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Physical Abuse

What is physical abuse of a child?

Physical abuse is an injury deliberately inflicted upon a child by any person, including adults. Physical abuse includes fractured or broken bones, burns, severe and/or frequent bruises, and any other intentionally inflicted physical harm.

How do you recognize physical abuse?

Physical abuse is usually identified by physical marks on the child’s body, but children can also suffer emotional damage from abuse. The list below describes physical signs you may notice as well as emotional signs.

Physical Signs

  • Bruises, welts on face, neck, chest, back
  • Injuries in the shape of object (belt, cord)
  • Unexplained burns on palms, soles of feet, back
  • Fractures that do not fit the story of how an injury occurred
  • Delay in seeking medical help

Emotional Signs

  • Extremes in behavior: very aggressive or withdrawn and shy
  • Afraid to go home
  • Frightened of parents
  • Fearful of other adults

What should I do if I suspect a child is being physically abused?

Stopping abuse helps a child heal faster, and reduces the long-term effects of the abuse on the child. Remember—when a child tells you about abuse, he or she is being very brave, and is looking to you for help.

When a child tells you that he or she is being abused, you should:

Avoid denial and remain calm. A common reaction to news as disturbing as child abuse is denial. However, if you display denial to a child, or show shock or disgust at what they are saying, the child may be afraid to continue and will shut down. As hard as it may be, remain as calm and reassuring as you can.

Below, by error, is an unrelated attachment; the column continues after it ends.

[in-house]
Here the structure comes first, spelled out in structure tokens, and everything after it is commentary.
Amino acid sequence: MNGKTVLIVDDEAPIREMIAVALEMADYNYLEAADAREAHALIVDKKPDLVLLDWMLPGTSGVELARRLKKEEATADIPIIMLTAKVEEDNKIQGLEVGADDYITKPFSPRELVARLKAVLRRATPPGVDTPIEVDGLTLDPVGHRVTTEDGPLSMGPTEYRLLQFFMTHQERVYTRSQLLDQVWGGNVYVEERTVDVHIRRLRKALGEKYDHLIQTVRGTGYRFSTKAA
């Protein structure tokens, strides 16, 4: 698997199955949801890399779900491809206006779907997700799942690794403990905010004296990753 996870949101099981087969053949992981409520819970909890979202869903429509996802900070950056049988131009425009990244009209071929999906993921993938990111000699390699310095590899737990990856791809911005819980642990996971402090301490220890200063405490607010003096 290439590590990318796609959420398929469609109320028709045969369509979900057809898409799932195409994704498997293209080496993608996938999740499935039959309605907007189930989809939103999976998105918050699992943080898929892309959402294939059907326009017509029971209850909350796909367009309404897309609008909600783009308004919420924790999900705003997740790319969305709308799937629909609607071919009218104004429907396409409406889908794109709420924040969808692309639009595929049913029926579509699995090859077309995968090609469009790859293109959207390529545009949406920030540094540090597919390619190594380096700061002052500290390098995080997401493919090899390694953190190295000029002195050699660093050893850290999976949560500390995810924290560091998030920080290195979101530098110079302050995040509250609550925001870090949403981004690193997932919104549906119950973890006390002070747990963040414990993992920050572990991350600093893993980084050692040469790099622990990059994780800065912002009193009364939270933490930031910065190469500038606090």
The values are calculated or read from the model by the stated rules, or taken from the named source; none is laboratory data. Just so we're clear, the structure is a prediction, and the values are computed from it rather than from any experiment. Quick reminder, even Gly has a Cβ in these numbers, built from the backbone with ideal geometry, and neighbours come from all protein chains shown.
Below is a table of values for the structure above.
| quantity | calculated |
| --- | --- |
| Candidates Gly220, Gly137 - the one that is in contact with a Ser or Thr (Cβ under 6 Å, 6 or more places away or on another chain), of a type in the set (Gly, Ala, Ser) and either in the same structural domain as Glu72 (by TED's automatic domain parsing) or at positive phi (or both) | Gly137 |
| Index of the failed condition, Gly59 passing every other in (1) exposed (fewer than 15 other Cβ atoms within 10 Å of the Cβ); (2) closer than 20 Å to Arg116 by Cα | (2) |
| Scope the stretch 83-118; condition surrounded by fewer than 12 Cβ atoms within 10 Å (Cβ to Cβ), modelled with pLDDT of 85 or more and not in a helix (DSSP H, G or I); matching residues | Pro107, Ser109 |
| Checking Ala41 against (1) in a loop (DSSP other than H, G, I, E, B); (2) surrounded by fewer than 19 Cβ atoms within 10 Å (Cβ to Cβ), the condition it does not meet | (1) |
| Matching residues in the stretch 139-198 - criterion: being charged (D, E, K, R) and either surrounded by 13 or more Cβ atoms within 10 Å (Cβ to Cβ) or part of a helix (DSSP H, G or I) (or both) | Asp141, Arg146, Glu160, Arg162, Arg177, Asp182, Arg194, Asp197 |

Don’t interrogate. Let the child explain to you in his/her own words what happened, but don’t interrogate the child or ask leading questions. This may confuse and fluster the child and make it harder for them to continue their story.

Reassure the child that he/she did nothing wrong. It takes a lot of courage for a child to come forward about abuse. Reassure them that you take what is said seriously, and that it is not the child’s fault.

How can I help a child recover from the trauma of physical abuse?

  • Help build a child’s optimism by reinforcing the good experiences the child has had and make plans for fun activities
  • Build the child’s self-esteem by telling him or her when they have done a good job and how special they are
  • Encourage the child to explore the things that they are good at, whether it is schoolwork, artistic talent or athletic ability
  • Laugh with the child to help them develop a sense of humor
  • Give the child age appropriate chores and responsibilities to develop independence and show your trust
  • Let the child know they can talk to you
  • Write down and explain rules
  • Be consistent and never use or threaten to use violence

Content Credit: Kid’s Matter Inc.